In this matter I am concerned with three children: RU, who was born on 15 September 2005 and so is nine years of age; Sa, who was born on 31 December 2009 and is five years of age; and Ar, who was born on 3 February 2013 and so is two years of age. The mother of all three children is NH. Their father is JH.
 There are three other parties to these proceedings: first, the paternal aunt, SuH, who has taken no part whatsoever, either at this hearing or at previous directions hearings; and two paternal uncles, AH, and HH. HH has, like his sister, played no active role in these proceedings. AH has attended previous hearings and this hearing and has given evidence and taken a full role.
 Before me at this hearing are competing applications. The first is an application by the mother to discharge the existing wardship proceedings in respect of the children and for a child arrangements order to be made to provide for the children to live with her. She invites the court to make an order for no contact between the children and the father. She urges the court to continue a raft of protective orders that have been made, in particular since the children returned to this jurisdiction, and she invites me to make a section 91(14) order prohibiting the father from making any further applications without the permission of the court.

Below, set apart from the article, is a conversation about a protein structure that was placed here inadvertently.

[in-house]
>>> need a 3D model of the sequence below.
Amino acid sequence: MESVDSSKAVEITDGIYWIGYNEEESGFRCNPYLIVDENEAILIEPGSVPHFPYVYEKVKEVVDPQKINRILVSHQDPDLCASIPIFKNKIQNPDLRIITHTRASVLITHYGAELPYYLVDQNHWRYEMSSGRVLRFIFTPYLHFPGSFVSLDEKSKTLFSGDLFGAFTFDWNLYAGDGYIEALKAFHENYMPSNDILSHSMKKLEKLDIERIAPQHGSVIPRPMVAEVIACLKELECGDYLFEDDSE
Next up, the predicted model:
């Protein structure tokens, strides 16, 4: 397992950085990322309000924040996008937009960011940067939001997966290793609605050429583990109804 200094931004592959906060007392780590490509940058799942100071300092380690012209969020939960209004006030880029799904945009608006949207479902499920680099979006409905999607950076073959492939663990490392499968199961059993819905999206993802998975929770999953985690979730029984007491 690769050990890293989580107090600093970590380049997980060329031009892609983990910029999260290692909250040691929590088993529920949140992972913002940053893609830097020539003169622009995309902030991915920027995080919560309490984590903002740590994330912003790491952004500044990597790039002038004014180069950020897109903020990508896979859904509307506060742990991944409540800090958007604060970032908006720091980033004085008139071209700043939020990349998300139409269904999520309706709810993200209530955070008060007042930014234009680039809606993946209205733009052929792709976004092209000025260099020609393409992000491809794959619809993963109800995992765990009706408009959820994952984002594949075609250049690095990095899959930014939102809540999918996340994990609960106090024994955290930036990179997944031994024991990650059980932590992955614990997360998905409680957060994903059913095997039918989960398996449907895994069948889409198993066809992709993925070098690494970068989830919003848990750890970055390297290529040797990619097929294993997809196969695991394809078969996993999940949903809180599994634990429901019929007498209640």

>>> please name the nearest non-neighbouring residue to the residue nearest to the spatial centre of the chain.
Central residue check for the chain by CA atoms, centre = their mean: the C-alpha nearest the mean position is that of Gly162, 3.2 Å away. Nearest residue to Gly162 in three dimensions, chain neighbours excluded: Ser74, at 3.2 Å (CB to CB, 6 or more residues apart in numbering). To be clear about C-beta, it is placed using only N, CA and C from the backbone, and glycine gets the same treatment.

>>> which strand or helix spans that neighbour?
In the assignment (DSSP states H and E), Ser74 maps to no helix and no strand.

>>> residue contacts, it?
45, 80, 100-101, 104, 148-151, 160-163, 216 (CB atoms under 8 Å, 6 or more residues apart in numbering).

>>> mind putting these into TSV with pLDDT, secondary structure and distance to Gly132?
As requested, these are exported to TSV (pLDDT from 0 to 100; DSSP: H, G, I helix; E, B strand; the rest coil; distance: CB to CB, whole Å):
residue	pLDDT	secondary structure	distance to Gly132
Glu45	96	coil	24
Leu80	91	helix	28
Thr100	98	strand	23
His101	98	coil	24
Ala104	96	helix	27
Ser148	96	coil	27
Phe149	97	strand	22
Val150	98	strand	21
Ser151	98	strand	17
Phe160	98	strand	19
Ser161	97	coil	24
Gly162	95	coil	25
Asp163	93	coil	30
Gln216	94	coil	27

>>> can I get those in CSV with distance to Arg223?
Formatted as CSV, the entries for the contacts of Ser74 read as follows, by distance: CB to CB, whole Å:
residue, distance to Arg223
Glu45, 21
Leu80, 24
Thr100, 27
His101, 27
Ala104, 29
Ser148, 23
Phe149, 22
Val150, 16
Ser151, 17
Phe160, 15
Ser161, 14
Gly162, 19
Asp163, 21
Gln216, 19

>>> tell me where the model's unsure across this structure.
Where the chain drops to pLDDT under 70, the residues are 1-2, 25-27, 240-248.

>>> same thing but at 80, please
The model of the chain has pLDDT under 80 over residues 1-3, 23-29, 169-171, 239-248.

The father seeks a child arrangements order in his favour so that he may have, in the first instance, direct, but, if not direct, indirect contact with his children. He seeks a variation of the protective orders, in particular the order which prevents him from entering within the East Riding of Yorkshire, and he opposes the making of the section 91(14) order.